In the aftermath of the Spanish-American War, unrest continued to roil the Philippine Islands. Under the terms of the Treaty of Paris of 1898, Spain ceded the Philippines to the United States, which took possession of the islands despite a declaration of independence from the Filipino leaders. In February of 1899, hostilities broke out over the issue of independence. The resulting conflict is known alternately as the Philippine-American War or the Philippine Insurrection.
To supplement U.S. forces, the Army utilized indigenous troops and eventually formed the Philippine Scouts as Army units of indigenous troops commanded by American officers. The Scouts soon distinguished themselves in combat. By the time the conflict officially ended in 1913, the Scouts were a coveted assignment for officers and enlisted alike.
As initially formed, the Scouts were not part of the Army. After World War I, they were officially absorbed by the Army, but their units still carried a (PS) designation. They served with distinction through World War II. Many were captured and participated in the Bataan Death March, while others fled to the hills and formed a resistance to the Japanese occupation. When MacArthur famously returned to the Philippines, he was met on the beaches by Philippine Scouts.
Master Sergeant (MSG) Santos Miguel was one of the first Filipinos to volunteer their services as a scout to the United States at the very beginning of the Philippine occupation. Enlisting as an irregular before his sixteenth birthday, he rose quickly through the ranks to become a First Sergeant.
With the official formation of the Philippine Scouts in 1901, Miguel enlisted in the U.S. Army and was immediately promoted to sergeant. He served as a Philippine Scout for 30 years, eventually becoming the Sergeant Major for the 45th Infantry (PS). He retired from active duty on October 31, 1931 at Fort William McKinley.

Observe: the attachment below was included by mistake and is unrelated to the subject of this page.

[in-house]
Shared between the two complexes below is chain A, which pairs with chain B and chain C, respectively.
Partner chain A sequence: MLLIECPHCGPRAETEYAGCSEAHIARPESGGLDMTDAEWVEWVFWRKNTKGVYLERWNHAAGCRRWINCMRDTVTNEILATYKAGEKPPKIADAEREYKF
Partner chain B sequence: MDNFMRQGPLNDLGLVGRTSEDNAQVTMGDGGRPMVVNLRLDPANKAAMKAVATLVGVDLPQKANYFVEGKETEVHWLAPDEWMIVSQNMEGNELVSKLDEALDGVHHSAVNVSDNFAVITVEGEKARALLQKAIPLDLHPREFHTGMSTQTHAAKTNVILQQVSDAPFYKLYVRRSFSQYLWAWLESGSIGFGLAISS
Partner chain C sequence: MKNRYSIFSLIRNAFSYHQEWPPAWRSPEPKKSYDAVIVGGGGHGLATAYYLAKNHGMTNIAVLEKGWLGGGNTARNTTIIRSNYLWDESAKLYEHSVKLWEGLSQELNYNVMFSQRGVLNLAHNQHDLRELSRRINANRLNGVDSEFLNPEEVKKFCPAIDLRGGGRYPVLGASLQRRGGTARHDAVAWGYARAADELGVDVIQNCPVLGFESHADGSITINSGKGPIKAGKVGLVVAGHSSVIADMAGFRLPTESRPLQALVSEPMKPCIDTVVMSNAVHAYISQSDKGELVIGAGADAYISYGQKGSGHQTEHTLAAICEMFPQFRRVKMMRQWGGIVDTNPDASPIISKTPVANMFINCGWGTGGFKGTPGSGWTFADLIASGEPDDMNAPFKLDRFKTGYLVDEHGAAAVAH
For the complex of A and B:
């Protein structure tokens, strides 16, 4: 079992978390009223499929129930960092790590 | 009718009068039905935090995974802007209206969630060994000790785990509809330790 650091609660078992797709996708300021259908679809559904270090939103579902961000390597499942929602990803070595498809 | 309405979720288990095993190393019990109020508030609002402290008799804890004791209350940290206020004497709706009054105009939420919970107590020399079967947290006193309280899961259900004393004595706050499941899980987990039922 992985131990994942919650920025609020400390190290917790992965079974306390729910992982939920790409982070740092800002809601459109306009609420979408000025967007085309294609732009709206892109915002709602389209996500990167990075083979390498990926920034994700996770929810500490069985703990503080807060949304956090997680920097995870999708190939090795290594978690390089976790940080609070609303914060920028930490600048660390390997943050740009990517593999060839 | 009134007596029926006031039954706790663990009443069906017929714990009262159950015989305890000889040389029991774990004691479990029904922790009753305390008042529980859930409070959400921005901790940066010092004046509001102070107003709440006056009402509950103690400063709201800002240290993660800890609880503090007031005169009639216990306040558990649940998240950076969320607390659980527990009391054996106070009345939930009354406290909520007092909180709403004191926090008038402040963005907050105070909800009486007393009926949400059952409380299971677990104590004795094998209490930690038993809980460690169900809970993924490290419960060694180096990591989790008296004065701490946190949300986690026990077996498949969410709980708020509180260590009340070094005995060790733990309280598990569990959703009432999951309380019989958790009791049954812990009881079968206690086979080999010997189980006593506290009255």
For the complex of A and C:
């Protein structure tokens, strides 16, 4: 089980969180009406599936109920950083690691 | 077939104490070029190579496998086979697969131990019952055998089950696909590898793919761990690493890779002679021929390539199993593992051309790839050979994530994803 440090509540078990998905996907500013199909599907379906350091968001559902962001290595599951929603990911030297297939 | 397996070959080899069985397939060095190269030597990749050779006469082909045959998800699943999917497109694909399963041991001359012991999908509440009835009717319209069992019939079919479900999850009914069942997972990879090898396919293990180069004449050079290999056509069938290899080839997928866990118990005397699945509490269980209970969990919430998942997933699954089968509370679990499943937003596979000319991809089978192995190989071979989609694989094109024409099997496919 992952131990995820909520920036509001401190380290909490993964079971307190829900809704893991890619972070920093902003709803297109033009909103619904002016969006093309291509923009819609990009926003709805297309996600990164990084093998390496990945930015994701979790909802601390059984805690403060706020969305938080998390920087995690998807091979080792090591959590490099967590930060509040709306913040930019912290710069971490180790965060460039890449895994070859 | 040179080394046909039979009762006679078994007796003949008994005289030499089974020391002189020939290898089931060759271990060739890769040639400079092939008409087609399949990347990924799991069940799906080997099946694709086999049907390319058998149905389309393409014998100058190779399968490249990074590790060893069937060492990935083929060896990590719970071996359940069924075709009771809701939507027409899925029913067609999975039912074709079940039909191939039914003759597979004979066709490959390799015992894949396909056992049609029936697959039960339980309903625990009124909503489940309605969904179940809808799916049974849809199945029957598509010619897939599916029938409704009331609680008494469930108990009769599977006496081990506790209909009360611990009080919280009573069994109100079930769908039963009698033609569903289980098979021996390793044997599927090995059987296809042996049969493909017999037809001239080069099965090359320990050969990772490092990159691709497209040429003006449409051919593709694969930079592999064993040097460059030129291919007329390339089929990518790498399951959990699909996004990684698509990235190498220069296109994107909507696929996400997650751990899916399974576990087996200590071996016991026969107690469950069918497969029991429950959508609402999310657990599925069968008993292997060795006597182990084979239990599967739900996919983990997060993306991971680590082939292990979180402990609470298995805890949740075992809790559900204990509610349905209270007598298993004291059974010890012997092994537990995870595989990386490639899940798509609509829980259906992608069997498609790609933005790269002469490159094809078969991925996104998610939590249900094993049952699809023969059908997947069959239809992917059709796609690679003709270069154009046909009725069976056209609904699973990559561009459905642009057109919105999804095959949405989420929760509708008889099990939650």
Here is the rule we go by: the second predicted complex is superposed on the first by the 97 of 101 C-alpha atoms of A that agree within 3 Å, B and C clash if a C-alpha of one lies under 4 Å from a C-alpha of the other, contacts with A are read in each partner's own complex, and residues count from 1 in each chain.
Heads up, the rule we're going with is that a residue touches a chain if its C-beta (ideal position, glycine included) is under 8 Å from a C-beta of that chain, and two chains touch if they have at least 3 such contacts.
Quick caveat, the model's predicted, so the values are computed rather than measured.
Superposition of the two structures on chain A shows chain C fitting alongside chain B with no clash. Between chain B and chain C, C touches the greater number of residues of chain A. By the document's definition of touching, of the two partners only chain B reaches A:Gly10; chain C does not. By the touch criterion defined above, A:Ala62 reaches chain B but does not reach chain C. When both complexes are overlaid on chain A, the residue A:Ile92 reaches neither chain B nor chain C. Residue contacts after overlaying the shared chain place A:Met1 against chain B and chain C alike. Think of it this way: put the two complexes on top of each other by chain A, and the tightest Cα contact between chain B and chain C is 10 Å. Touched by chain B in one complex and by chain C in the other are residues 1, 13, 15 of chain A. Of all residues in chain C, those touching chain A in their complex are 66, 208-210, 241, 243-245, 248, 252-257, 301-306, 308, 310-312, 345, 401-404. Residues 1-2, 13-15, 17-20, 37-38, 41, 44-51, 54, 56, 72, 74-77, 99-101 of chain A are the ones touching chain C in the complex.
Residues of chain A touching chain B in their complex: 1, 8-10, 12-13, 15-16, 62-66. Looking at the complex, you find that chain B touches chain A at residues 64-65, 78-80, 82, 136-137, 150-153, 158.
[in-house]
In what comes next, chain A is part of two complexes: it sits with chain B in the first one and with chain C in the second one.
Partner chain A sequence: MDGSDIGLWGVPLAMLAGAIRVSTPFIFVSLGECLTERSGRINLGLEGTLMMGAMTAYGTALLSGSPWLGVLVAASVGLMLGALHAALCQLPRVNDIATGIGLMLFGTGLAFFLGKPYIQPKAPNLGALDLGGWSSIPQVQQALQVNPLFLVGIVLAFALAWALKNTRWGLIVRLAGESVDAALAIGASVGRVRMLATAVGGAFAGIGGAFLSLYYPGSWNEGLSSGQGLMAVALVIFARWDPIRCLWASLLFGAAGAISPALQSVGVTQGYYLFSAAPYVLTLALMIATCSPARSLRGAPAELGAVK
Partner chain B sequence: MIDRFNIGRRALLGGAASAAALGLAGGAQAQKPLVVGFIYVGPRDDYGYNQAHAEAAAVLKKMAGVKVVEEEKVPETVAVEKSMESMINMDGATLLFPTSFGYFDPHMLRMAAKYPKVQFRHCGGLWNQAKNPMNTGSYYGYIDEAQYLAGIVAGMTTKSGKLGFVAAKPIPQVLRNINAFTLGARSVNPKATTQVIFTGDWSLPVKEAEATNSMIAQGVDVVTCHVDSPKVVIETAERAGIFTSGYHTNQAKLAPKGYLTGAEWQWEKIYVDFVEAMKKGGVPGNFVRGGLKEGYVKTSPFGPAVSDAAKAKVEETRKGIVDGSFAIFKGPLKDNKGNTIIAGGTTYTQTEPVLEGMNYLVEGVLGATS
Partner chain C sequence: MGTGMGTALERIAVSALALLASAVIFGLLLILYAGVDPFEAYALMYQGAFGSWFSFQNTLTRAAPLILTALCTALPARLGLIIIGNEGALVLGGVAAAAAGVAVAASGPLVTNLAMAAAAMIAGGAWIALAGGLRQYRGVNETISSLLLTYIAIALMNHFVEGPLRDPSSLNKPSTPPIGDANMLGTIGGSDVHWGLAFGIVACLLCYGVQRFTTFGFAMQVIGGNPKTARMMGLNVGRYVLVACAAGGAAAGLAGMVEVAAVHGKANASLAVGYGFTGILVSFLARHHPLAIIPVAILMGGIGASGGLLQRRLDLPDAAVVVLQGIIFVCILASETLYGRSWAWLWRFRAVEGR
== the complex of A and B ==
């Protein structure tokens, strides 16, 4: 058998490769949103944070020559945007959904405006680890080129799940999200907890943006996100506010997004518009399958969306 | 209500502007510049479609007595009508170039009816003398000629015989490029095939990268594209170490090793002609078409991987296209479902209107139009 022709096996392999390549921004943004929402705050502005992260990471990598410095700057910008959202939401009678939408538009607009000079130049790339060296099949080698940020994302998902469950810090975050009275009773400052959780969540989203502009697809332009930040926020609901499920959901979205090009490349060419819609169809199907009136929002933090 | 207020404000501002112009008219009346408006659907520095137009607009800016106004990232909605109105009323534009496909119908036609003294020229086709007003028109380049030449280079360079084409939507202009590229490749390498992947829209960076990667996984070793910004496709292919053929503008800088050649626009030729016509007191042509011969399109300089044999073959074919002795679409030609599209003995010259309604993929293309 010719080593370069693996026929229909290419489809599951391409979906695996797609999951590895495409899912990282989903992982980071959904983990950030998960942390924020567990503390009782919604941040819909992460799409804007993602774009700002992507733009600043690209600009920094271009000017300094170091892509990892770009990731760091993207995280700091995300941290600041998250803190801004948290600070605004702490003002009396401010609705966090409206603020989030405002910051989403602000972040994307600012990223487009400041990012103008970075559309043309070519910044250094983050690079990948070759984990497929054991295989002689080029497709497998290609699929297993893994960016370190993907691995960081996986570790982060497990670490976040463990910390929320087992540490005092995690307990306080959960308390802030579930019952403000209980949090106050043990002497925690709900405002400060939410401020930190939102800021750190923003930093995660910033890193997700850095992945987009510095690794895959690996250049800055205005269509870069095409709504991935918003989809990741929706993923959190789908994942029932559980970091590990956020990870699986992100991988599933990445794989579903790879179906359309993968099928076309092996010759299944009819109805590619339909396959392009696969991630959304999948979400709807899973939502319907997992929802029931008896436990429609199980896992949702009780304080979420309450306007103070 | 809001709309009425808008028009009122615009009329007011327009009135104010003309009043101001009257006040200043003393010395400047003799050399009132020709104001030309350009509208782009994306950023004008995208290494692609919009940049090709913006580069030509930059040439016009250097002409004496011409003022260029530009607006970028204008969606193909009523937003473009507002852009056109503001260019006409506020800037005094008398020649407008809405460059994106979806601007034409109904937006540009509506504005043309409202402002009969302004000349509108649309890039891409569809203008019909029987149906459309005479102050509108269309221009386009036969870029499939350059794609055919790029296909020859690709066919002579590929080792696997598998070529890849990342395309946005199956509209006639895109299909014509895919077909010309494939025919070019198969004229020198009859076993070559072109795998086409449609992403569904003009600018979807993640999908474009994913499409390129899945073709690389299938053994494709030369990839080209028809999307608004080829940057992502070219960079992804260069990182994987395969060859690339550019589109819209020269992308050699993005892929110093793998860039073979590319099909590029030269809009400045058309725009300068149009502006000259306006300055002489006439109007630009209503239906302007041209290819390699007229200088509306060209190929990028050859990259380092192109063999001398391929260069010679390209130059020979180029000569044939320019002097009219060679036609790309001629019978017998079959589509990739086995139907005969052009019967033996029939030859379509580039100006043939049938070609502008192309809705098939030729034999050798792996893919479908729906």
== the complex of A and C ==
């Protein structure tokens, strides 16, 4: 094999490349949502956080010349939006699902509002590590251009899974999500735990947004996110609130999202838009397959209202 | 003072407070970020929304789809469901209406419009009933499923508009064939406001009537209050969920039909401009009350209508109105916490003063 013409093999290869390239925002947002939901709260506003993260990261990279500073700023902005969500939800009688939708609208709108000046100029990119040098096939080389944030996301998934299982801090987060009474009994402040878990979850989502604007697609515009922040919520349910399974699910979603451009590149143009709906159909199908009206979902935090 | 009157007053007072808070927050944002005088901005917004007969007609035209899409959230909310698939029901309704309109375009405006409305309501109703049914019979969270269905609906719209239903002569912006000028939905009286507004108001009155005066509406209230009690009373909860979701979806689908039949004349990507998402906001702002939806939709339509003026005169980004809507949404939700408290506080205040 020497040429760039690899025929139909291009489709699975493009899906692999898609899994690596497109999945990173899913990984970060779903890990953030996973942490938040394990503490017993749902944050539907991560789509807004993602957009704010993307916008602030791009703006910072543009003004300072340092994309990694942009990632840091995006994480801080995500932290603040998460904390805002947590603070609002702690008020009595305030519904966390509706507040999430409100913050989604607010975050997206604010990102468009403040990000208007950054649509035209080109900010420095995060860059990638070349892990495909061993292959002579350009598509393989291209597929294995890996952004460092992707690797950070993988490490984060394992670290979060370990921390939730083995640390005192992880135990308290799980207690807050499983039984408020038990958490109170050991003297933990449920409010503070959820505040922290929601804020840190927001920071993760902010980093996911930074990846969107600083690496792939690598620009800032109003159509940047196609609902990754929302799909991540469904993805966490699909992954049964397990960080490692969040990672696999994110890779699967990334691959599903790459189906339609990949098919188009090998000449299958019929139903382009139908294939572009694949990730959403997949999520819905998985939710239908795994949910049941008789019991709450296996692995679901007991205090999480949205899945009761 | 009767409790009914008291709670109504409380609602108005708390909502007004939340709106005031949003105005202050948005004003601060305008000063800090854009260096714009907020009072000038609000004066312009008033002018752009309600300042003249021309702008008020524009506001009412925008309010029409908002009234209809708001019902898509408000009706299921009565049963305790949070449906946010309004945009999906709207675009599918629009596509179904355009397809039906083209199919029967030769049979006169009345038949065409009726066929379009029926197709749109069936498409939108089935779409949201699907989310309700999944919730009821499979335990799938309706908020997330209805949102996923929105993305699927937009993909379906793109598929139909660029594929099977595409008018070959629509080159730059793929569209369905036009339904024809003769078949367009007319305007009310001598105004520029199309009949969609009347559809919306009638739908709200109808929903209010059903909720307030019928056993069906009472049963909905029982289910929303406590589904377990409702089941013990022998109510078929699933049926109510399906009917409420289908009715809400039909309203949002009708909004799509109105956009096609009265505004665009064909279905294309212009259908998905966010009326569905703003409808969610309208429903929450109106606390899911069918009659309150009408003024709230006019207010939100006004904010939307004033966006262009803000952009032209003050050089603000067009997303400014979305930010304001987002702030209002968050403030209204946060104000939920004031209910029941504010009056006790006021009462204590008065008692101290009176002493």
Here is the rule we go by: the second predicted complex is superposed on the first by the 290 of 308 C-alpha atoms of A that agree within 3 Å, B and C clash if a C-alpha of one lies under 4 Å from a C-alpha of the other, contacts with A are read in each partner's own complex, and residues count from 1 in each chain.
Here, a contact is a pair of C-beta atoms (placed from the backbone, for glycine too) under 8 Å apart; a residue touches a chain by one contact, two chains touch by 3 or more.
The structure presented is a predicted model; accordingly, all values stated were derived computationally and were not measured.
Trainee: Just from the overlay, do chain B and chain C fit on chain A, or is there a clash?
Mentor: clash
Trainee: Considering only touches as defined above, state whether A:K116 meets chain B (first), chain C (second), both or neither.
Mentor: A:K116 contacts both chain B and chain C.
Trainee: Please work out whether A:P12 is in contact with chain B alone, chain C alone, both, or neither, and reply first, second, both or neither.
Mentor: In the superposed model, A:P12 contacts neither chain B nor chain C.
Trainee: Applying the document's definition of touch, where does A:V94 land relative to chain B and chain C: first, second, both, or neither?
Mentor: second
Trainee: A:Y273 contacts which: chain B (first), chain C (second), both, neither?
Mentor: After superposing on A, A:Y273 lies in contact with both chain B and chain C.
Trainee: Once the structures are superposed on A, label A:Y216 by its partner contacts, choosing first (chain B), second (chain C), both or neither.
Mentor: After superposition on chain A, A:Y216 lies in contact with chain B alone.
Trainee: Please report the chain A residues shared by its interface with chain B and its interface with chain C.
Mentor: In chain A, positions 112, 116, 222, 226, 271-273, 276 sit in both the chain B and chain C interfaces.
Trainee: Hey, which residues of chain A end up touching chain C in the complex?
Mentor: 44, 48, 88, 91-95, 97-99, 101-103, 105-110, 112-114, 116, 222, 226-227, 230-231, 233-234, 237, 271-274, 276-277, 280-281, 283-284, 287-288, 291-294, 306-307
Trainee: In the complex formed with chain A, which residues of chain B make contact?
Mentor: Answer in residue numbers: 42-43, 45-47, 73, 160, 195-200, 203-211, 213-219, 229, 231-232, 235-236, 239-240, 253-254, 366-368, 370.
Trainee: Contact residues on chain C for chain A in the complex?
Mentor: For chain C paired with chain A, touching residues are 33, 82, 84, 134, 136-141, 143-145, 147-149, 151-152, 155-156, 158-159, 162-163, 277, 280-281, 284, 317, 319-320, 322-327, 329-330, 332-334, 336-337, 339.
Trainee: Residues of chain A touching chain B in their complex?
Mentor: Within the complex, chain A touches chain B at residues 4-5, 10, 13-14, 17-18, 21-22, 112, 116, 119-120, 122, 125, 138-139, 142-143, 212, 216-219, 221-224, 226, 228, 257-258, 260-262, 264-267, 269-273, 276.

His retirement, however, was not easy. Miguel submitted a voucher for payment of his retirement benefits to an Army pay officer in Manilla in November of 1931, but the officer declined to pay it. Instead, he sent the voucher to Washington, D.C. There, the Comptroller of the United States, J. Raymond McCarl, ruled that “the retirement of enlisted men of the Philippine Scouts is not authorized even by the remotest implication of the laws” and refused payment.
MSG Miguel was clearly not one to back down from a fight. He filed suit in the Supreme Court of the District of Columbia. The Court ruled in his favor but was overturned by the Court of Appeals for the District. Miguel decided to fight all the way to the Supreme Court.
On March 5, 1934, the Supreme Court of the United States reversed the Court of Appeals’ decision. Justice George Sutherland delivered the opinion of the majority, writing that the law “plainly directs that such an enlisted man, having served thirty years as such, shall be placed upon the retired list. In this situation the duty of the disbursing officer to pay the voucher in question ‘is so plainly prescribed as to be free from doubt and equivalent to a positive command’…”
From then on, retired Philippine Soldiers received the same pay and allowances as other U.S. Soldiers. The decision established that the Philippine Scouts were integral to the mission in the Philippines and were entitled to the same pay and privileges as any other Soldiers.
The United States relinquished all claims over the Philippines on July 4, 1946, when President Truman signed Proclamation 2695. The Philippine Scouts were disbanded, and the last Scouts deactivated in 1949.
Santos Miguel’s eventual fate is unclear. The American Battle Monuments Commission lists his date of death as June 13, 1942, and his name is listed on the Walls of the Missing along with those of nearly 36,300 others in the Manilla American Cemetery.
Research Volunteer: Katie Brackman